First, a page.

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The U.S. Supreme Court upheld President Donald Trump's travel ban on several majority-Muslim countries, handing the administration a major victory in a policy debate plagued by controversy and protest since Trump took office.
The 5-4 ruling backs up the Trump administration's claims that the ban is for national security purposes, overruling lower court blocks put in place over arguments that the ban is a form of religious discrimination, according to NBC News.
After previous versions of the ban were struck down, the Supreme Court on Tuesday approved the latest version of the ban issued in September, which restricts visas granted to seven countries: Iran, Libya, Somalia, Syria, Yemen, North Korea, and Venezuela.
In December, the Supreme Court lifted the stay imposed on the order by federal courts, allowing the ban to take effect while the court worked on a final ruling.
The Trump administration has argued that this version of the ban is constitutional because it is based on a country's ability to provide key information about visa applicants in an effort to deter terrorism, and that it's not based on religious affiliations.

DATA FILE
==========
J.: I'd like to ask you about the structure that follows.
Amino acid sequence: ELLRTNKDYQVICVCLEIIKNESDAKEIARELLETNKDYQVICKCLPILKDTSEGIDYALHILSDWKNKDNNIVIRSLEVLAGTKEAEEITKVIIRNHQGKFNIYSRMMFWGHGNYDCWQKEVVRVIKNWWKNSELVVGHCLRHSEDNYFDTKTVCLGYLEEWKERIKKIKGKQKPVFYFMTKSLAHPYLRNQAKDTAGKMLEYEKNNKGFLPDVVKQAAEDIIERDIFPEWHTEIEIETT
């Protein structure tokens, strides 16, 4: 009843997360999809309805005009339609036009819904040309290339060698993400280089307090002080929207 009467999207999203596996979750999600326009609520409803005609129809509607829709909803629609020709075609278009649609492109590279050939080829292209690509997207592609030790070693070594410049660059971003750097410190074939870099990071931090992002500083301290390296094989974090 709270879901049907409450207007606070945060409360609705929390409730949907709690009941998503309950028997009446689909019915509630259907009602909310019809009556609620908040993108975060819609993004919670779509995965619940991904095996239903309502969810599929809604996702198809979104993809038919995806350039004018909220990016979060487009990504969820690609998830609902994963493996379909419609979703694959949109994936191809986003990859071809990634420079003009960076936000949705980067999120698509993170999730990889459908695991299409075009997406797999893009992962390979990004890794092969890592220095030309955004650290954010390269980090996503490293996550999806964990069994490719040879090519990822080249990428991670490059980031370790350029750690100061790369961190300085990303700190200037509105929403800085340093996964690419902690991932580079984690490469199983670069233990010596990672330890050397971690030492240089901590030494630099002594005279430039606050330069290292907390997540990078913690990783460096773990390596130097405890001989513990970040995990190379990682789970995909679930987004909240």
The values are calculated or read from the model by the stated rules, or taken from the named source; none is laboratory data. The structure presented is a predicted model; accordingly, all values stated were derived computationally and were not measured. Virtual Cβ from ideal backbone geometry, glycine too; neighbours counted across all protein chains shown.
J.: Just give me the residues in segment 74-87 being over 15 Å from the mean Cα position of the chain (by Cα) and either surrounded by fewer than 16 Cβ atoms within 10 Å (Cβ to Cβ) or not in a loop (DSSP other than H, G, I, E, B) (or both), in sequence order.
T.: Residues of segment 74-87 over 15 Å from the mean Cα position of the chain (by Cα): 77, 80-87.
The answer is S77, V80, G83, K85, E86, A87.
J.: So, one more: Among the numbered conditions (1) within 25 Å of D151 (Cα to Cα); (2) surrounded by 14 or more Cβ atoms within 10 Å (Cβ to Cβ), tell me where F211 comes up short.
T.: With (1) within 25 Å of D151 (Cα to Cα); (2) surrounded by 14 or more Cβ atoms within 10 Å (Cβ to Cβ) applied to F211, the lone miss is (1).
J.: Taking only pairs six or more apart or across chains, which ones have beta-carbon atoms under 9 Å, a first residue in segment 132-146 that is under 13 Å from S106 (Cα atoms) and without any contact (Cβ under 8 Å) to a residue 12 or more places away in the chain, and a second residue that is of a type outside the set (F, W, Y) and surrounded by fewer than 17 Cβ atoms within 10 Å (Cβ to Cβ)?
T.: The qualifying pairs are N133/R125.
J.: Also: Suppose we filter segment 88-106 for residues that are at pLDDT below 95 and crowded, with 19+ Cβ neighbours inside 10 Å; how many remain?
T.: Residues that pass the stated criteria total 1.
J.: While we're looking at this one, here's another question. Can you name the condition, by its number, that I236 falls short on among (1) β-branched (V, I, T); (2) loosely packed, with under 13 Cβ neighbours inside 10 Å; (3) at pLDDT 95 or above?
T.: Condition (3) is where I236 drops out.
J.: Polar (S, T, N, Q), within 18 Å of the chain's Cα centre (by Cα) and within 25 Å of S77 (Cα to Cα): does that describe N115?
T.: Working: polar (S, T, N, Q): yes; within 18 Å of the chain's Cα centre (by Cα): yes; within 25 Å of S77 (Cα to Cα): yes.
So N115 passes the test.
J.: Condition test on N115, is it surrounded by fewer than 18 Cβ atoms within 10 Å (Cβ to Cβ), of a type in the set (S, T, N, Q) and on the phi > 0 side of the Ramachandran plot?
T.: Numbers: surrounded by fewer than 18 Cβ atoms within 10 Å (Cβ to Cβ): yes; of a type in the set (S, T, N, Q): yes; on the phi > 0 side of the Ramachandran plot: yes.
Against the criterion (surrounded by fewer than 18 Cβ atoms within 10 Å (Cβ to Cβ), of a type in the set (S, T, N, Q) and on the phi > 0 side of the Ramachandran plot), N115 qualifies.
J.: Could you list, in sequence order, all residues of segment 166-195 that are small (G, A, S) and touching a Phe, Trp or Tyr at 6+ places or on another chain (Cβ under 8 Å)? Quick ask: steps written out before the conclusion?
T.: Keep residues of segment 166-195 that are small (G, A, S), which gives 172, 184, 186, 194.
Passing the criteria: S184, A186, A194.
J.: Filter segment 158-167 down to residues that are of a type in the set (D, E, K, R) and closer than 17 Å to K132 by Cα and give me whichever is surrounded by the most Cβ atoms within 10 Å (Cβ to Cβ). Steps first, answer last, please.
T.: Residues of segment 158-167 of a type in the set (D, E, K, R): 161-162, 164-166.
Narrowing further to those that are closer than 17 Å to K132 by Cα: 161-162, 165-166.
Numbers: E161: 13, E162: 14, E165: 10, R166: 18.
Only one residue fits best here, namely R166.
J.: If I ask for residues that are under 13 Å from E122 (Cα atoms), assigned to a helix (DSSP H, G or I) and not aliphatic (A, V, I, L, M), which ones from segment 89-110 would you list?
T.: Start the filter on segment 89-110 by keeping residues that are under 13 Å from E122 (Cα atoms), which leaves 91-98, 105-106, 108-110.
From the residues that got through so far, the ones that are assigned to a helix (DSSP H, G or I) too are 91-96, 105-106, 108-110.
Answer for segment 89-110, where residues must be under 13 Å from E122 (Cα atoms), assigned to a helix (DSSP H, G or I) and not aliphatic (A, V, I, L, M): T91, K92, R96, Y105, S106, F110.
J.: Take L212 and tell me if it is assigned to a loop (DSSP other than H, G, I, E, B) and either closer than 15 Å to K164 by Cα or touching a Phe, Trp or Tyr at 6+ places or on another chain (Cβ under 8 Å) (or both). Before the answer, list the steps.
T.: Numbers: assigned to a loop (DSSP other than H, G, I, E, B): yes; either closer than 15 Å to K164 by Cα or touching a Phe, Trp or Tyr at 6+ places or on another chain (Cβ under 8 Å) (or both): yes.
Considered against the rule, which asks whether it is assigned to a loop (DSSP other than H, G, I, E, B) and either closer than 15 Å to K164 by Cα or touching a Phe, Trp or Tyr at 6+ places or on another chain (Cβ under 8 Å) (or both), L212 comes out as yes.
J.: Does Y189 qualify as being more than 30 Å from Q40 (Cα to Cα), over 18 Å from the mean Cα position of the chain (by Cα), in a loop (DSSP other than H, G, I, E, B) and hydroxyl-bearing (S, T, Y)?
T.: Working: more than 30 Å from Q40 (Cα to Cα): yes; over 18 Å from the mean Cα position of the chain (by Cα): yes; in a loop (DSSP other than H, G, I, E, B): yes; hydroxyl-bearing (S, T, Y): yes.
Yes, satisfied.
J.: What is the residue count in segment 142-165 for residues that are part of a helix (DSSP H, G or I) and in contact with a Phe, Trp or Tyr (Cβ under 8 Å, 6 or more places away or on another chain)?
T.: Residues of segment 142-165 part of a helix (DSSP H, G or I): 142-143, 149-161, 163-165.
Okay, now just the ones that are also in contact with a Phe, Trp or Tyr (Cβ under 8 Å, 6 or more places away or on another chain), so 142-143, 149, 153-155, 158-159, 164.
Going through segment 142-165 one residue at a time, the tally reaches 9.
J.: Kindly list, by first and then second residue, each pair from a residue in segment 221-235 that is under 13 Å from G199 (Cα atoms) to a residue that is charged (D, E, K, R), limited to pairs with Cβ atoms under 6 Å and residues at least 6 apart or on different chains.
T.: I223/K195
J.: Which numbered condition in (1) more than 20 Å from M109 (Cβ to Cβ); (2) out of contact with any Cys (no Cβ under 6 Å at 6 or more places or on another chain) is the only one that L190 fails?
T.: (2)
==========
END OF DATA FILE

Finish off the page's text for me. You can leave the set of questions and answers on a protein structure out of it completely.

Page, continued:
The Justice Department also backed up the president's constitutional authority to issue travel bans on the basis of national security.
But opponents of the ban, including the state of Hawaii, which initially blocked it from taking effect, argue that the ban is too broad to justify a national security concern and that Trump's comments on the campaign trail about a proposed Muslim ban signal that the ban is based on religious animus.
The Supreme Court ruling supports the president's authority, however, and clears the way for the White House to continue its policy of barring travelers from these countries from entering the U.S.
SUPREME COURT UPHOLDS TRUMP TRAVEL BAN. Wow!
— Donald J. Trump (@realDonaldTrump) June 26, 2018